Fortunately, the answer is almost always no. The body tends to do a very good job of evenly distributing this fat around the body. So that if we perform liposuction of the abdomen, for example, instead of having the right thigh get very large, that liter of fat is going to be evenly distributed in most cases. And the other thing that prevents this from being a major aesthetic problem is that while a liter of fat may seem like a large volume, the body has a very large surface area over which to distribute that volume.
So the body does a really good job of hiding the fat that we remove with liposuction, and that allows the body to maintain its weight as constant. So if we remove a liter of fat from the abdomen that weighs about two pounds, the body's going to redistribute those two pounds evenly throughout itself in most cases.
Now there are some people that will preferentially gain weight in certain areas, and sometimes this can happen after liposuction. But in my practice and my clinical experience, I haven't really seen this to be a clinically significant issue. And I think that's because for one thing, fat distribution does tend to be fairly even, and for another, the volume of fat that we're removing with liposuction is relatively small compared to the overall volume of fat and surface area of the body. So it's pretty easy for it to be evenly redistributed without causing a noticeable change in the appearance of other body areas. So that's what happens if you have liposuction and maintain your diet and exercise regimen.
A very common question that we get asked by our patients is, "If I have liposuction and I gain a lot of weight, is that going to ruin the results?" And the answer here is if we perform liposuction on a given area, in this case let's say the flanks or waist, we've permanently removed about 75% of the fat cells in that area. So now knowing what we know about how fat metabolism works, the body is going to redistribute the fat that used to be stored in those fat cells elsewhere in the body.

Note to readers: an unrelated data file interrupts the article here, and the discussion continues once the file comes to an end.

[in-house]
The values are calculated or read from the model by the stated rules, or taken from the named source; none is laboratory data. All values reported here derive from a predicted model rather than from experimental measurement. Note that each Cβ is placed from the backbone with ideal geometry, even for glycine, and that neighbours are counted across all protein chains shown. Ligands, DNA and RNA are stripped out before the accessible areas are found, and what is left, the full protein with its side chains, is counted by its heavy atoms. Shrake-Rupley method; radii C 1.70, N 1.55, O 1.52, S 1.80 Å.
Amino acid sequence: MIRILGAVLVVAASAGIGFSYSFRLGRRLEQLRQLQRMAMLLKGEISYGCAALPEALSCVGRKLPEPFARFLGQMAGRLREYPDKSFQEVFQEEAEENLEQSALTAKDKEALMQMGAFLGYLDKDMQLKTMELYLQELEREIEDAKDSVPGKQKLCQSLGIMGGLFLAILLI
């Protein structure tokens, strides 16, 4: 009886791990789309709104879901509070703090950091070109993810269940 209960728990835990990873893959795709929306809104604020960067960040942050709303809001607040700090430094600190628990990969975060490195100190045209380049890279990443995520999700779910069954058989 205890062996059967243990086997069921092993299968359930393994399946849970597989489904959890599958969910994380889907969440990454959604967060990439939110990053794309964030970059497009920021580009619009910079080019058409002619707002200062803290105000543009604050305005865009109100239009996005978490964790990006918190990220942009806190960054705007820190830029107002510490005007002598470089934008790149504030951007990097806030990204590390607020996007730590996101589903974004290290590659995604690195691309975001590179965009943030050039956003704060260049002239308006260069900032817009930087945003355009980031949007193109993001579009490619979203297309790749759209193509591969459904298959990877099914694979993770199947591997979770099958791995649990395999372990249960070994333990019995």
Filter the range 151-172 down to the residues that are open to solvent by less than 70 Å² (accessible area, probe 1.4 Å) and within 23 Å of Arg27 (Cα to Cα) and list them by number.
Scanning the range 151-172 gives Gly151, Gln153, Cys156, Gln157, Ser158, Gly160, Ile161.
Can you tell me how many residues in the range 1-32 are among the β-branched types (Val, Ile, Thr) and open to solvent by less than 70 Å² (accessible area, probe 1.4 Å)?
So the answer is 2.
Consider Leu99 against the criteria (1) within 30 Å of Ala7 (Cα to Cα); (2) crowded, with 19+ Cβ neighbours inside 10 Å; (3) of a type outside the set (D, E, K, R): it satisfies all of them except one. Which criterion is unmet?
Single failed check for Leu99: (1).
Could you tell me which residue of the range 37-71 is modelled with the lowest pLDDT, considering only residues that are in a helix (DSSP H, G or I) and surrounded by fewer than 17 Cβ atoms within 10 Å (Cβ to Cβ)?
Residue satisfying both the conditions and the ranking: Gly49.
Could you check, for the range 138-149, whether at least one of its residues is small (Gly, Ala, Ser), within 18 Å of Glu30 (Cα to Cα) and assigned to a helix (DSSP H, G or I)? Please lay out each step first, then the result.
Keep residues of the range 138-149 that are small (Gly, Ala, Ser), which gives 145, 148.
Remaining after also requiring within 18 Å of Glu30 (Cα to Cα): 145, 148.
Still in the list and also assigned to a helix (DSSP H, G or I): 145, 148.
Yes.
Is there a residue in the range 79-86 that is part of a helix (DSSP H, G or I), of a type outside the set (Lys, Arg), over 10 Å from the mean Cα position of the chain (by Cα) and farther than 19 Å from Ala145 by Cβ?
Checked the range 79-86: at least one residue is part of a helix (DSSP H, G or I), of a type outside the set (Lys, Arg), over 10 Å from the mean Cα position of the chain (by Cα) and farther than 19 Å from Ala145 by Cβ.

So if someone goes on a Twinkie diet and gains a large amount of weight after a liposuction procedure, they're going to have to store their excess lipids somewhere, and they're going to more or less try to distribute those lipids evenly throughout the fat cells in their body. However, now, since there are a lot fewer fat cells in their waist, flanks or love handles, they're simply not going to be able to store as much fat there.
So that individual, after having liposuction of the love handles or flanks, if they gain a lot of weight, they're going to gain a lot of weight everywhere, including where they had a liposuction procedure. But it's going to be a lot less noticeable in the area that they had treated with liposuction, because there are simply fewer fat cells there to expand, to store the excess lipids.
So, again, to answer the question, "Will you lose weight by having liposuction?" The answer is no, and it really is quite important that you're fairly close to your goal weight when you're having a liposuction procedure. And the reason for that is we want to perform liposuction when your body and the shape of your body, the contour of your body is in more or less a steady state. We don't want to be designing a liposuction procedure at a moving target.